^Except when I went to a safety seminar last week, they showed a safety video, which included a section about riding on the pavement and being courteous to pedestrians.

I honestly think they don't know themselves.

Anyway, despite me doing that very thing, let's not turn this into one of 'those' threads.
 

microcord

Maximum Pace
Aug 28, 2012
914
294
83
Tokyo
#6
It's very bad for a driver to hit a cyclist or pedestrian, it almost always becomes their fault. On the other hand, many drivers don't know how to deal with road cyclists, as most bicycles here ride on the side walk.
The former is a silver lining for the hospitalized cyclist, but little more.

In my part of Tokyo plenty of cyclists ride off the sidewalk (unless you're Britishly inclined, on the pavement). Many drivers here just don't seem to notice or care. (Perhaps their driving assumptions and habits fossilized twenty years ago.) Taxis in particular are notorious for braking and changing lanes quickly in order to pick up fares. Assume the presence of fools/morons, get insurance, and remember that although less of a worry than elsewhere, (attempted) bike theft is common.
 

joewein

Maximum Pace
Oct 25, 2011
2,435
880
133
Setagaya, Tokyo
joewein.net
#7
The former is a silver lining for the hospitalized cyclist, but little more.
I still think it acts as a (limited) deterrent - perhaps similar to the standard practice that in collisions between cars, no side gets 100% fault unless the other was completely stopped at the time, which in general makes both sides drive more defensively than in countries where a 0% / 100% split is more common.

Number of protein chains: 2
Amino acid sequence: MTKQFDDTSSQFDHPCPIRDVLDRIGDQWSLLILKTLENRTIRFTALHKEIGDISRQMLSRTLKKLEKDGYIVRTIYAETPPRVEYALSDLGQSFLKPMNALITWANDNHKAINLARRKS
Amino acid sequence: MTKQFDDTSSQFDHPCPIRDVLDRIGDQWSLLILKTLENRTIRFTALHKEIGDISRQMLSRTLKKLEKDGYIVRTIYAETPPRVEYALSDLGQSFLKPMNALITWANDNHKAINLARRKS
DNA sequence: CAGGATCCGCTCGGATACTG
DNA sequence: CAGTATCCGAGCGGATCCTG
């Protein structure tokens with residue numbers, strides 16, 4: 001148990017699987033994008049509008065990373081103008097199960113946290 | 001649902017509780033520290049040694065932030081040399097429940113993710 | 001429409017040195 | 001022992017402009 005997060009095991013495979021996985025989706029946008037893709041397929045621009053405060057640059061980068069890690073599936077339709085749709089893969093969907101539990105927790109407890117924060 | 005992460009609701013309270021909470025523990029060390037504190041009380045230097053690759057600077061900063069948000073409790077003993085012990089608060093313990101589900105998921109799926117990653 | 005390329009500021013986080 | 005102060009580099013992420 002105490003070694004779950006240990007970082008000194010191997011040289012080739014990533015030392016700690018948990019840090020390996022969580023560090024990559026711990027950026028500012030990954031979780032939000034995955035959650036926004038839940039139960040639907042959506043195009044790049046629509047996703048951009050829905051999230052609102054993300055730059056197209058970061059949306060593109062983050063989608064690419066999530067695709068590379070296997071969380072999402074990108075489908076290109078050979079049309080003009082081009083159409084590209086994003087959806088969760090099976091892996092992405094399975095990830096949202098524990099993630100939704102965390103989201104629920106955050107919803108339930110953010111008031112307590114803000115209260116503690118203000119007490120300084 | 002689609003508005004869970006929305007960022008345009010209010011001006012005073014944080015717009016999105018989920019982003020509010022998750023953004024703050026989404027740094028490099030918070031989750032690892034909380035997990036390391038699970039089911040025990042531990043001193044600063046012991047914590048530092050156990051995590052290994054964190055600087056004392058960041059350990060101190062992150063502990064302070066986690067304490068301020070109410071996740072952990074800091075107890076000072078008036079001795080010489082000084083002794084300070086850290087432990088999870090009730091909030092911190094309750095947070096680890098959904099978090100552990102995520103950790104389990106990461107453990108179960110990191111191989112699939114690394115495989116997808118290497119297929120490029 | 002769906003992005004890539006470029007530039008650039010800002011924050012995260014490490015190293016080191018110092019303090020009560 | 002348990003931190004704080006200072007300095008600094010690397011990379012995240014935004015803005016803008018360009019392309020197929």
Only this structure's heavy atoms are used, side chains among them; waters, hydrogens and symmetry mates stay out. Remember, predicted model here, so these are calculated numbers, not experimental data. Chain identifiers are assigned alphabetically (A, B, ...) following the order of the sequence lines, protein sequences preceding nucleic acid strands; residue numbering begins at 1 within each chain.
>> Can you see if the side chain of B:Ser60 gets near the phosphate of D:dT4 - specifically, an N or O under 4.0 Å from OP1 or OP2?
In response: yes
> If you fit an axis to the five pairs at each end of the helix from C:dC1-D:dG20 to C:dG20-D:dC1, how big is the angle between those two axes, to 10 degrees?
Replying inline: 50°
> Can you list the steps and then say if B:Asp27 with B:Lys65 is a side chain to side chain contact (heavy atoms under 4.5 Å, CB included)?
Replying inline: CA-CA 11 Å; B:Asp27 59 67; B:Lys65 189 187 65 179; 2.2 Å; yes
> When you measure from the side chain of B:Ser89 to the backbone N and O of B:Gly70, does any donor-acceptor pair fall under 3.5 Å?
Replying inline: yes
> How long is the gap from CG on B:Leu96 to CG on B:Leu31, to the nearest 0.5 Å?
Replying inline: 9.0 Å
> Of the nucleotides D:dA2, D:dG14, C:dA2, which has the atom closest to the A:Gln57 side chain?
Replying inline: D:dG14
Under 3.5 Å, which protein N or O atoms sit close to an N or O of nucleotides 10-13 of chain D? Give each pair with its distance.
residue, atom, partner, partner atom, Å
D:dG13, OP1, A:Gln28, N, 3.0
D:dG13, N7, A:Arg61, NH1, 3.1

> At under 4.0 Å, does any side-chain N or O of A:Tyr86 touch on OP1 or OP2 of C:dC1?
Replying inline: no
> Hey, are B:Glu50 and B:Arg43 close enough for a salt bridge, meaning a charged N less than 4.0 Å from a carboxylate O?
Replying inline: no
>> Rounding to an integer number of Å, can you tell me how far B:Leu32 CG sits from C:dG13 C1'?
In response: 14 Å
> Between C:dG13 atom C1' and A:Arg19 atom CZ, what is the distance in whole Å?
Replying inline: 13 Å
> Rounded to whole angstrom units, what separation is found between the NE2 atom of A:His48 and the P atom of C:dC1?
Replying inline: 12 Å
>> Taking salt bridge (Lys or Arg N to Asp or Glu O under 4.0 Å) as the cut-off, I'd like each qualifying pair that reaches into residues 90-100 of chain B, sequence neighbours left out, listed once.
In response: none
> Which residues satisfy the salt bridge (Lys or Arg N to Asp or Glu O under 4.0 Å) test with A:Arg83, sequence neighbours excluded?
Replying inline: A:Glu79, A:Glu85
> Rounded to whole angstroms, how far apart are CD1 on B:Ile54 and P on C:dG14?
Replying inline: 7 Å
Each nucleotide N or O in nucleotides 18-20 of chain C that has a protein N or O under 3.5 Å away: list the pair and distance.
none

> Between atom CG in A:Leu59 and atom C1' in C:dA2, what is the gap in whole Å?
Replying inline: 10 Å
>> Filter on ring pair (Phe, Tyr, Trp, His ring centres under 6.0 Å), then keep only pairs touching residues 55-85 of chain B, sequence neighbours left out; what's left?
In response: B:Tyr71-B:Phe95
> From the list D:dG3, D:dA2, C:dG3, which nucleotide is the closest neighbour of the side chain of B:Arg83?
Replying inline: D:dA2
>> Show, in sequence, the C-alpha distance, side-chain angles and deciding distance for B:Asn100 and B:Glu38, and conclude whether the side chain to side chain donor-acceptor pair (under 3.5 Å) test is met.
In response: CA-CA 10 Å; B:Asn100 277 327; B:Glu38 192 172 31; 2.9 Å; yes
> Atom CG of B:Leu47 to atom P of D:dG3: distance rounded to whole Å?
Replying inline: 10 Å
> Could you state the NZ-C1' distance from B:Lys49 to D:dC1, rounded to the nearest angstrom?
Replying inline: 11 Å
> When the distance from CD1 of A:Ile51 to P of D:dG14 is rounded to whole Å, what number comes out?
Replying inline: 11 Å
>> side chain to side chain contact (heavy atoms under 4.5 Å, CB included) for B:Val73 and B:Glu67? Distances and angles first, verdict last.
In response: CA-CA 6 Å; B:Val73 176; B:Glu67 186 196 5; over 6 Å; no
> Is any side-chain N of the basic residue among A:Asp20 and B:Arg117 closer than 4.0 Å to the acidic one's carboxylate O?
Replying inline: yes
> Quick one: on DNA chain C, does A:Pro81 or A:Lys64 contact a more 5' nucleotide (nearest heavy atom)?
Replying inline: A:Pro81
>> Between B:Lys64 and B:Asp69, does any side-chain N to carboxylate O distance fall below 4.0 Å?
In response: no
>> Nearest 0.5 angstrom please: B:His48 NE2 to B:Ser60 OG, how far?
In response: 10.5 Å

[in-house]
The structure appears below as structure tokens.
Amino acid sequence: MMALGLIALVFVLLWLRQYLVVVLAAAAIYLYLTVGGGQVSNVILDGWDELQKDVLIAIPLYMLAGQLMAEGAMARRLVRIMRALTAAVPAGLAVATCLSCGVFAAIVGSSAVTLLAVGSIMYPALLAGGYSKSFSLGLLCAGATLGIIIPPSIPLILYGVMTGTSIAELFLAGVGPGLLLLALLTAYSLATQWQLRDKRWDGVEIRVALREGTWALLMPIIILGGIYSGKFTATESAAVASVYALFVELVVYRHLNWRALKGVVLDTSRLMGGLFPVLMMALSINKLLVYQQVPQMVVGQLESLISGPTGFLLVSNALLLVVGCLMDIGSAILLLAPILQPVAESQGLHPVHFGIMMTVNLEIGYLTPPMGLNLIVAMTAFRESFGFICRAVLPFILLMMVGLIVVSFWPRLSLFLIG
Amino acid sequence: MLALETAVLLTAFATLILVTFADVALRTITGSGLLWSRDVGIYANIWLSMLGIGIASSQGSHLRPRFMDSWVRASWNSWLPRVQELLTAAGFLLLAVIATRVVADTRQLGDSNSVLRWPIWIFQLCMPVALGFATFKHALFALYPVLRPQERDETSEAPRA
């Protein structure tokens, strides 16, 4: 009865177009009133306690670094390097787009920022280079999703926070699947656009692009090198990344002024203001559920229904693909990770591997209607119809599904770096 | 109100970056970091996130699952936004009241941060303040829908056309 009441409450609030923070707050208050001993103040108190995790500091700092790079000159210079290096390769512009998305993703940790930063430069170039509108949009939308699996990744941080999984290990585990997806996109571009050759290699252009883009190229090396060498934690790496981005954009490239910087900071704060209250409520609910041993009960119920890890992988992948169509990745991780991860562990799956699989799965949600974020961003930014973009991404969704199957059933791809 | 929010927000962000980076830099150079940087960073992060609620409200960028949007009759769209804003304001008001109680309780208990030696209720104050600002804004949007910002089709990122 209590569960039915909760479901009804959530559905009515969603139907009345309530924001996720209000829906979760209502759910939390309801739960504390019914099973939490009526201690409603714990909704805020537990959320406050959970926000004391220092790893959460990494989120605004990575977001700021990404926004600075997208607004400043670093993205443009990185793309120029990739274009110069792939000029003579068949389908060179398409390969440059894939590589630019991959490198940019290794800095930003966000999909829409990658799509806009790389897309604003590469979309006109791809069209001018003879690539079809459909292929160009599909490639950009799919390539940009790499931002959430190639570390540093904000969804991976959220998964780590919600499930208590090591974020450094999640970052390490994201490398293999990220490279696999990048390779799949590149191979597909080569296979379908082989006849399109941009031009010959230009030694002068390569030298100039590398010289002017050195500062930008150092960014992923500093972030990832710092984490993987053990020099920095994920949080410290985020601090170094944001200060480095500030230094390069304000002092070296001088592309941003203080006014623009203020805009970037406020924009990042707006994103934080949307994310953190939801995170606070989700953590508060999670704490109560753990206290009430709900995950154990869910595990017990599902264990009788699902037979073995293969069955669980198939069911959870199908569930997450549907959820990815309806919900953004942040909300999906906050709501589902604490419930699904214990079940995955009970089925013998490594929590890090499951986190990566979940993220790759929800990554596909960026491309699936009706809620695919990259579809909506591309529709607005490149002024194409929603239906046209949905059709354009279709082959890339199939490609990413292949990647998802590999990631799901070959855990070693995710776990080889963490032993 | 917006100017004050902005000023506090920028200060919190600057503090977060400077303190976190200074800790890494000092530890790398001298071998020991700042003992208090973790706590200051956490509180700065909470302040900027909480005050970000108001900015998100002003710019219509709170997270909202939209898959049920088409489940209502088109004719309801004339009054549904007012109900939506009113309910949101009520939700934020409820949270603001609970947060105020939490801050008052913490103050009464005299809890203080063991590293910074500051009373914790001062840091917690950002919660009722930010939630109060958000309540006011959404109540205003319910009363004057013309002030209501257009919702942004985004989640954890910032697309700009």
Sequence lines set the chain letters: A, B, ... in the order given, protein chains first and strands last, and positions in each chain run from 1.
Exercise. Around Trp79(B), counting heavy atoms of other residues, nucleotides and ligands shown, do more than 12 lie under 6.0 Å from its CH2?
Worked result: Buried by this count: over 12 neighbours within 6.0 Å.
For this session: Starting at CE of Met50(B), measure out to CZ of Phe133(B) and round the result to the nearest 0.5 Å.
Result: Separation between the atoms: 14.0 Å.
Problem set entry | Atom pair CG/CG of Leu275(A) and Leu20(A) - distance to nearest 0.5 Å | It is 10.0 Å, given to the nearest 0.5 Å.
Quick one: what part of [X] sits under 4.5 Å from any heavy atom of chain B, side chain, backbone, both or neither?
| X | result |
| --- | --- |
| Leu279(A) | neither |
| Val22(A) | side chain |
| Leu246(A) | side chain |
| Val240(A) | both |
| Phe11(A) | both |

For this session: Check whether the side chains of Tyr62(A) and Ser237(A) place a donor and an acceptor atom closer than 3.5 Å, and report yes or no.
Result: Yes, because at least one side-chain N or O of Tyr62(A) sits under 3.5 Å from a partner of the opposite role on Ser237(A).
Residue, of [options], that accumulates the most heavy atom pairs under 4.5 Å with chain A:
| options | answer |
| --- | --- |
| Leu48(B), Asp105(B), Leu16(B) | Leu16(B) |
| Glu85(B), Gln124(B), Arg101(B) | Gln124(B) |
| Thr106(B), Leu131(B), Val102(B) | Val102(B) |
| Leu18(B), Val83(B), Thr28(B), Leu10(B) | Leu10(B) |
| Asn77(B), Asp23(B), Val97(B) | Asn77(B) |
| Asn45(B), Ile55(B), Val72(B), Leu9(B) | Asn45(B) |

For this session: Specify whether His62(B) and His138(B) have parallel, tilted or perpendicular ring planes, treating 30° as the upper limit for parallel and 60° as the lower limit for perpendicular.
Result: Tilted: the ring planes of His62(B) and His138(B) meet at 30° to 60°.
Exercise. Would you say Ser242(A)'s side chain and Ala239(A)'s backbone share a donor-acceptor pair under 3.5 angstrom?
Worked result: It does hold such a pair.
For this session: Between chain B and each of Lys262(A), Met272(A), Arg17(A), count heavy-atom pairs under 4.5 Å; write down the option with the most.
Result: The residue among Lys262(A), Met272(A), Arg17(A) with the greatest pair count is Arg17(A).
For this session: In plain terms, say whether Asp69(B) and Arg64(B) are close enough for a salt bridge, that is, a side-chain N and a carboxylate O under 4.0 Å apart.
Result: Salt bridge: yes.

Sep 2, 2009
5
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0
#9
Haha, yeah and while it may give off the wrong impression, I find that they are far more passive / yielding when they have done something wrong and you give them some verbal abuse.

Overall, as long as you ride smart, and confidently, you will no have any major problems (unless you are very unlucky)
 

stanc

Maximum Pace
Sep 4, 2011
255
41
58
Brighton
#10
Unless you're dicing with yaks in white Mercedes or BMWs
Image of the day :) I was trying to explain to someone planning a trip earlier today that it's illegal to ride on the pavement (sidewalk) but that the police make you do it. Also the most intimidating thing I found were the small rural roads, barely wider than a car with deep drainage channels either side. What the heck do you do when something comes the other way. All traffic was much more courteous than at home in the UK.
 

brookes79

Warming-Up
Dec 10, 2012
4
0
0
Dallas
#11
Thank you for the replies. I am trying to decide living between Hiroshima and Tokyo..any further information is helpful.

In Dallas, drivers just don't give a poop about cyclists and actually are spiteful; many times I have been "buzzed" on three lane roads so I have pretty steel nerves.
 

brookes79

Warming-Up
Dec 10, 2012
4
0
0
Dallas
#13
Well, I have never ridden in a pack with others...you know triathletes are just so stuck up and keep all to ourselves..peloton and drafting are cheating ;)

No, just kidding. I hope to make cycling a more social affair in Japan.

I know of the bike bag but just wondering if I will have to break down the aerobars with a bike bag...not a big deal.

Texas is flat so it will be fun to experience a true "hill climb."
 

bloaker

Maximum Pace
Nov 14, 2011
1,550
1,221
433
Miura, Japan
#14
you know what they say... if your not good at Cycling, Running or Swimming, do all three.... :p

Different bags fit differently.
I would think the large MontBell bag I have would work with a 52 or so with Aerobars, but not positive.
 

brookes79

Warming-Up
Dec 10, 2012
4
0
0
Dallas
#16